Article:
Residents of Esperance face uncertainty over household energy supply

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The last thing Robert Austin needs is another expense.

Still, the pensioner’s home is one of about 400 homes in Esperance that are likely to need all the new appliances and fixtures soon.

Indeed, in exactly one year, a reticulated gas network that currently supplies these premises will close and the owners will have to run them on electricity or bottled gas instead.

“We have a budget. We have prepared everything.

“I’m pouring in enough money now as it is.”

This week, the state government told the community of Esperance it aims to provide subsidies and “not to disadvantage” affected residents.

But this plan will see Western Australian taxpayers pay the cost of subsidizing hundreds of those changes, as well as paying a gas pipeline operator an undisclosed ‘substantial amount’ to continue operations for another year .

It stems from a decision taken two years ago regarding the gas supply for the city’s brand new power station.

Robert and Helen Austin attended the community meeting in Esperance this week.(ABC News: Emily Smith)

A matter of cost

In 2020, the state government quietly approved an application for a new Esperance Power Plant.

It then awarded a long-term gas supply contract to EVOL LNG, which planned to truck gas to Esperance from Perth.

The move came as a surprise to many residents, as the former power station received gas through a pipeline, which also feeds into a reticulated network that directly supplies gas to 338 local homes and 41 businesses.

The operator of this pipeline is Esperance Gas Distribution Company (EGDC) and it has also bid to supply the new power station.

Energy Minister Bill Johnston said the government preferred EVOL LNG’s bid for one simple reason: it was significantly cheaper.

A man in a red tie in a mall surrounded by Christmas decorations
Washington State Energy Minister Bill Johnston.(ABC News: Jacob Kagi)

It is not clear whether the decision-making process took into account the potential impacts for customers on the cross-linked gas network.

Immediately after losing the contract, the EGDC indicated that, without the plant as a customer, it might not make financial sense for it to continue supplying the network with cross-linked gas.

A state government spokesperson responded by saying that if the EGDC were to stop supplying the network, it could be tasked with “removing its pipeline infrastructure at its own cost and rehabilitating the corridor”.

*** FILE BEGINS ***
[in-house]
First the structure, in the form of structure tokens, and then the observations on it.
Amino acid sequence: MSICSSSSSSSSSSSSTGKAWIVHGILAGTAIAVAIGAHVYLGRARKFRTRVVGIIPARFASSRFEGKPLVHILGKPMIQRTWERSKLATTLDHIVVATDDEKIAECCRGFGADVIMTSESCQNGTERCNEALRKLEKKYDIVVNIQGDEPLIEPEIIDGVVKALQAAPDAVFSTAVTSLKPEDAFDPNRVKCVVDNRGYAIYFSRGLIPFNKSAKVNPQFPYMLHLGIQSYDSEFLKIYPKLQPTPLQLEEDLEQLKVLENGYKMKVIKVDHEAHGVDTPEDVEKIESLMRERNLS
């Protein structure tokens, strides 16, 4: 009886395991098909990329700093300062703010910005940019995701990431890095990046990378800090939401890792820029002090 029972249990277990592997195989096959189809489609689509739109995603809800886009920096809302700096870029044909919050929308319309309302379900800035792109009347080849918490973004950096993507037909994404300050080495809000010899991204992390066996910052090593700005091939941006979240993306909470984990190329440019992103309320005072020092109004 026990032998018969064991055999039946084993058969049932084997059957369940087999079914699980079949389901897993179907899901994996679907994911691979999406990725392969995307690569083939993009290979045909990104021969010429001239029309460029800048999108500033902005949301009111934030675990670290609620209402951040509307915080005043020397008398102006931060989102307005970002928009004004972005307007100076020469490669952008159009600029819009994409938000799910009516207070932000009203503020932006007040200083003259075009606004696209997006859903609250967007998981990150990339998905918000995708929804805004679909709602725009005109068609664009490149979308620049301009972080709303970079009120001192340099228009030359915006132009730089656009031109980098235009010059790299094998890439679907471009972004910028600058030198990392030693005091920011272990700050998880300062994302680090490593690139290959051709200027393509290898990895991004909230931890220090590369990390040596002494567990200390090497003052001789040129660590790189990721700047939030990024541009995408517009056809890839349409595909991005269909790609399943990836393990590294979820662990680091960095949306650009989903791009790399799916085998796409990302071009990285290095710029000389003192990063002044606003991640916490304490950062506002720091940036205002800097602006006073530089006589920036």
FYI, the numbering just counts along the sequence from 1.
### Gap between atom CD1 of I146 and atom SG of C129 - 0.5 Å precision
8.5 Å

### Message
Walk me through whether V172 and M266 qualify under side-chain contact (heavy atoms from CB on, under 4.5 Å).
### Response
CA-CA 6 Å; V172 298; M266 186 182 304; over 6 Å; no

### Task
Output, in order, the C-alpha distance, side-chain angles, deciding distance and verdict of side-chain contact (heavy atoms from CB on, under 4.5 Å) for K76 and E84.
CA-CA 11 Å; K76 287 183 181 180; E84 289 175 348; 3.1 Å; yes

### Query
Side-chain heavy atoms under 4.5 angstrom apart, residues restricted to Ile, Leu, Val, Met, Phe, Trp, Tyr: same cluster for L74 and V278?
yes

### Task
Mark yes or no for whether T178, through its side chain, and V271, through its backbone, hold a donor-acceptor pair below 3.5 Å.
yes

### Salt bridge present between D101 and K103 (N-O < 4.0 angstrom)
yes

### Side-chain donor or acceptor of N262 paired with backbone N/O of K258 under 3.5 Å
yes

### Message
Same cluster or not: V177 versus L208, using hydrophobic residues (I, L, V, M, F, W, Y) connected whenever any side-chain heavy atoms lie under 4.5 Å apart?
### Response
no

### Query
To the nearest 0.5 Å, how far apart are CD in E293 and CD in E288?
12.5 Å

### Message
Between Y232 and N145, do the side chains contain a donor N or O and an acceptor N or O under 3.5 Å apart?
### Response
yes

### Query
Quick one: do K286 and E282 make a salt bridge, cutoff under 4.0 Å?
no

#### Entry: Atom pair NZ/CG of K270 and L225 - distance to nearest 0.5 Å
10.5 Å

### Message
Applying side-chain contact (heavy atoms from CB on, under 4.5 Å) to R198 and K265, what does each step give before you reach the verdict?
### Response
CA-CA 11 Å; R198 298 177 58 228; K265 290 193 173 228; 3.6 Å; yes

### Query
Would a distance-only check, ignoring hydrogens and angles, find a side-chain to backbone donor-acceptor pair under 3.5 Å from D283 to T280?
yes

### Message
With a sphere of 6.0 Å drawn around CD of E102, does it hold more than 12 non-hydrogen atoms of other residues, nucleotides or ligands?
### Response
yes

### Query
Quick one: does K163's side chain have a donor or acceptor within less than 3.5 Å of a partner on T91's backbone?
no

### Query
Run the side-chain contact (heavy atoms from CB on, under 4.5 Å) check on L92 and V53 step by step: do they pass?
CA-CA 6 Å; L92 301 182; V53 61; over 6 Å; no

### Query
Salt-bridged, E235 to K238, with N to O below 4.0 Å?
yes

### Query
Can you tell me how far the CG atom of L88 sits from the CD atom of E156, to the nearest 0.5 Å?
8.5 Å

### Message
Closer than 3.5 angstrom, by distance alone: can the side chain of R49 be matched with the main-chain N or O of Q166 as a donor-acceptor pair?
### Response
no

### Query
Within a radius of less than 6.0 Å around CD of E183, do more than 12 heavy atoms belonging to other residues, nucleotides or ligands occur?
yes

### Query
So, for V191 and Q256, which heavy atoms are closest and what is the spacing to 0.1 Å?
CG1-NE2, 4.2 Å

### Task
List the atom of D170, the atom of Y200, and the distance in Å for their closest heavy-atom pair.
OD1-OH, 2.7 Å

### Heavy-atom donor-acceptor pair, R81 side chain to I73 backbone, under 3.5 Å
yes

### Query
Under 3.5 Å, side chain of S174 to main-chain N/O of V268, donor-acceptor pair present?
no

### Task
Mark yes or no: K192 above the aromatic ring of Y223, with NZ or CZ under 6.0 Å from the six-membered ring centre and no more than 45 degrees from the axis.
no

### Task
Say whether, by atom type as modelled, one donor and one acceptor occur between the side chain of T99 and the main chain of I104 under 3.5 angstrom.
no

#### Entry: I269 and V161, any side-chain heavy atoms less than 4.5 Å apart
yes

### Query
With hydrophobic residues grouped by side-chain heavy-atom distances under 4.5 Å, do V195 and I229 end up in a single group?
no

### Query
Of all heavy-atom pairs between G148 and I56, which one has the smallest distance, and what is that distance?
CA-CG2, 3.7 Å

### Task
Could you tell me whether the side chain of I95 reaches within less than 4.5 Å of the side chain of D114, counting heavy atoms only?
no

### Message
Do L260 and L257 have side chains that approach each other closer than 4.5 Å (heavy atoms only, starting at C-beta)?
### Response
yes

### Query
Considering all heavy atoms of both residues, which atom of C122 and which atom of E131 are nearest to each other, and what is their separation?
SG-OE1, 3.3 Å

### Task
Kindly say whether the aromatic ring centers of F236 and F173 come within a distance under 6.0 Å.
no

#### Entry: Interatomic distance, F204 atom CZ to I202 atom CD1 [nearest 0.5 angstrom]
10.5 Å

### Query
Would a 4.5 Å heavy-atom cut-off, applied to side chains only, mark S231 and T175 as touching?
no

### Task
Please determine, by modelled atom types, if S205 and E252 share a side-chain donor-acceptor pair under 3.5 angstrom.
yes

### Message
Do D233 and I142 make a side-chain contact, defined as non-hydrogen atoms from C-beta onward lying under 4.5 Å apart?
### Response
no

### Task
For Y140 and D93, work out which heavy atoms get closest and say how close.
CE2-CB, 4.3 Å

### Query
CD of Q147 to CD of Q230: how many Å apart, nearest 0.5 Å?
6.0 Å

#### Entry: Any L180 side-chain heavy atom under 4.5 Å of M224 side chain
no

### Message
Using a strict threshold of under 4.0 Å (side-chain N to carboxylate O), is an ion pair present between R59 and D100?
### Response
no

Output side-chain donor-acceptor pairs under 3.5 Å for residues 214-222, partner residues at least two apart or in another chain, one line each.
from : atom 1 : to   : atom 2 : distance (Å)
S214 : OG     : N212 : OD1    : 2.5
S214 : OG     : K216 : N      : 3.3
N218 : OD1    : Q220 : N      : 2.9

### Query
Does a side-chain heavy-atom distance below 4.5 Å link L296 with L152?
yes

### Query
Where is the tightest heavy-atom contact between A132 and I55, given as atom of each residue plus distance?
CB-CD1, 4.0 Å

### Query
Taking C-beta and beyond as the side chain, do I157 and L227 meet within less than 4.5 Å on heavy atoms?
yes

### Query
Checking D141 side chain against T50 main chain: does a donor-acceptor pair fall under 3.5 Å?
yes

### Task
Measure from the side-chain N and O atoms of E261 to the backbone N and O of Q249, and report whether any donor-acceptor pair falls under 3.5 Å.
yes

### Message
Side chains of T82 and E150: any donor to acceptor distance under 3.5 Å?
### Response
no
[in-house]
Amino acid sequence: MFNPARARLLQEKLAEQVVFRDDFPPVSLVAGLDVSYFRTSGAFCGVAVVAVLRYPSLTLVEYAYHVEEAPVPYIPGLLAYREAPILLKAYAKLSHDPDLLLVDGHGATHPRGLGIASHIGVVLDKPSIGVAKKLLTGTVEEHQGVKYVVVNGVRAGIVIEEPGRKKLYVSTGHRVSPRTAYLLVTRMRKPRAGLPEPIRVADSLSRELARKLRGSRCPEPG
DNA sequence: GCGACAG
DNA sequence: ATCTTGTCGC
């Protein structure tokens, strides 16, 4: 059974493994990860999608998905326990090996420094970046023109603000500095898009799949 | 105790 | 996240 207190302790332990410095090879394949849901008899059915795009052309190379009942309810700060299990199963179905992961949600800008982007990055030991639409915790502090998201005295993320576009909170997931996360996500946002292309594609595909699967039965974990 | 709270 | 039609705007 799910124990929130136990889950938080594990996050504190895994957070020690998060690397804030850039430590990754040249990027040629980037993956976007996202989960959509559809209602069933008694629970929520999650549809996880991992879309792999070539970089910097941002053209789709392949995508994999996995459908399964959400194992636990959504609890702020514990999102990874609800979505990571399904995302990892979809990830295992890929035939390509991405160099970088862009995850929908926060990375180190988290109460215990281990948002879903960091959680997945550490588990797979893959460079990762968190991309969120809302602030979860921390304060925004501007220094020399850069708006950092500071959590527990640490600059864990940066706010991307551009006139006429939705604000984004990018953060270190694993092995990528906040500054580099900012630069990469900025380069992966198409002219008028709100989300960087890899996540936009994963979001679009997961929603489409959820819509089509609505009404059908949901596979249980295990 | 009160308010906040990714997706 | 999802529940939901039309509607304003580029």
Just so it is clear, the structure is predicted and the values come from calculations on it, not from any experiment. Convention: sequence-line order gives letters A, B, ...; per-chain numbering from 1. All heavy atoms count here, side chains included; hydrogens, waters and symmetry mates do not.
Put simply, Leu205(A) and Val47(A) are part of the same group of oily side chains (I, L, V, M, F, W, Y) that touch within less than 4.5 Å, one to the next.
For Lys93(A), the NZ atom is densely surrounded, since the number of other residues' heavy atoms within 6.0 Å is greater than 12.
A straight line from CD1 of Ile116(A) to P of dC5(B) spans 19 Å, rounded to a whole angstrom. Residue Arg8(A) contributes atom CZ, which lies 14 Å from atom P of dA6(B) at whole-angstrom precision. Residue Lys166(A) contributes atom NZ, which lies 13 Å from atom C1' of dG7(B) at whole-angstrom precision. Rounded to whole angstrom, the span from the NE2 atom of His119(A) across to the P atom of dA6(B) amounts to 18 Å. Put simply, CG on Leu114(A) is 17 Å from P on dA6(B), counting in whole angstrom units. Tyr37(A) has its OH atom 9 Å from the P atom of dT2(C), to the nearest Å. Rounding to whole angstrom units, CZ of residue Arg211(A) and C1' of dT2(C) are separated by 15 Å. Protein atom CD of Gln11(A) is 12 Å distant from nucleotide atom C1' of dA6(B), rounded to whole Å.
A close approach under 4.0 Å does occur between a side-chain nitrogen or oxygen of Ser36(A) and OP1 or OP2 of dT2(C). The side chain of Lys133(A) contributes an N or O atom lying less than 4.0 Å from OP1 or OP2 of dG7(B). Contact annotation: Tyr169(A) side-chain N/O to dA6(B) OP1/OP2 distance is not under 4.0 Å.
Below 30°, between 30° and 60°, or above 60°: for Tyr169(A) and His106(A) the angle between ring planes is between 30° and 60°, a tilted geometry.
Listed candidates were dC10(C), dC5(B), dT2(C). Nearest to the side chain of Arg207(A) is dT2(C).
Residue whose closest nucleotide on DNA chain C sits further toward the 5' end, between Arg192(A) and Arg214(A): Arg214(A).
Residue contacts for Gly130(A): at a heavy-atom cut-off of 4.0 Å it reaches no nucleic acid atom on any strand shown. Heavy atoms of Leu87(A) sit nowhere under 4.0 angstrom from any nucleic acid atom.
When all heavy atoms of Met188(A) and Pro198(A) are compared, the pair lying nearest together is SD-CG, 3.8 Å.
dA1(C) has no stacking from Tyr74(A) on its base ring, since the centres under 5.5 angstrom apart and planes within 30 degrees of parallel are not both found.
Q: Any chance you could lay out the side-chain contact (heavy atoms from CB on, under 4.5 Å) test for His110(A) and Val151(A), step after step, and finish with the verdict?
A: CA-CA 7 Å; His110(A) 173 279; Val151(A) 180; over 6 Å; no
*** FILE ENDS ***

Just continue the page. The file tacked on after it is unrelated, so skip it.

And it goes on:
It’s unclear why this was the state government’s understanding or if the company will actually have to do this.

Nevertheless, in November 2021, EGDC announced to its customers that it would stop operating the cross-linked service in March 2022.

He is wearing a blue collared shirt and standing outside near the trees
Fud Mackenzie questioned the state’s energy minister at a community meeting in Esperance this week.(ABC News: Emily Smith)

This was stressful news for those involved.

Esperance resident Fud Mackenzie told the ABC he thinks it will cost him up to $40,000 to exchange his accommodation units for the cross-linked offer.

He was one of about 100 people who turned up for the community meeting at the Esperance Civic Center Thursday night in hopes of getting answers.

“The ambition of the government is not to disadvantage people”

At the meeting, Johnston and Horizon Power CEO Stephanie Unwin said those using the reticulated system are indeed expected to switch to bottled gas or electric in the coming year.

They also confirmed that the government plans to provide grants to help them do so.

It is not yet clear how much the grant will cover or how the application process will work, although Ms Unwin said the hope was to replace “like for like”, so an old device would be replaced with a new one from the same value.

But confirmation would first require Treasury approval, which she said they hoped to receive by March.

People are seated in chairs spaced apart in a room, four people stand in front to give a presentation
About 100 people attended a community meeting in Esperance this week, organized by Horizon Power and the state government.(ABC News: Emily Smith)

National Roe Party member Peter Rundle wanted a clear commitment that all resident costs would be fully covered.

The state government also bought itself some extra time, agreeing to pay the Esperance Gas Distribution Company to keep the grid system running for another year.

‘We’re spending quite a bit of money over the next 12 months to keep this going,’ Mr Johnston told the audience.

He did not say how much it would cost taxpayers.

But Mr Rundle said it was unlikely that nearly 400 premises could be converted in a year, especially with the current scarcity of craftsmen and equipment, and wondered what would happen if that time frame did not was not respected.

The state government is expected to provide more updates and hold another community meeting in the near future.

Energy Minister Bill Johnston was not available for comment.

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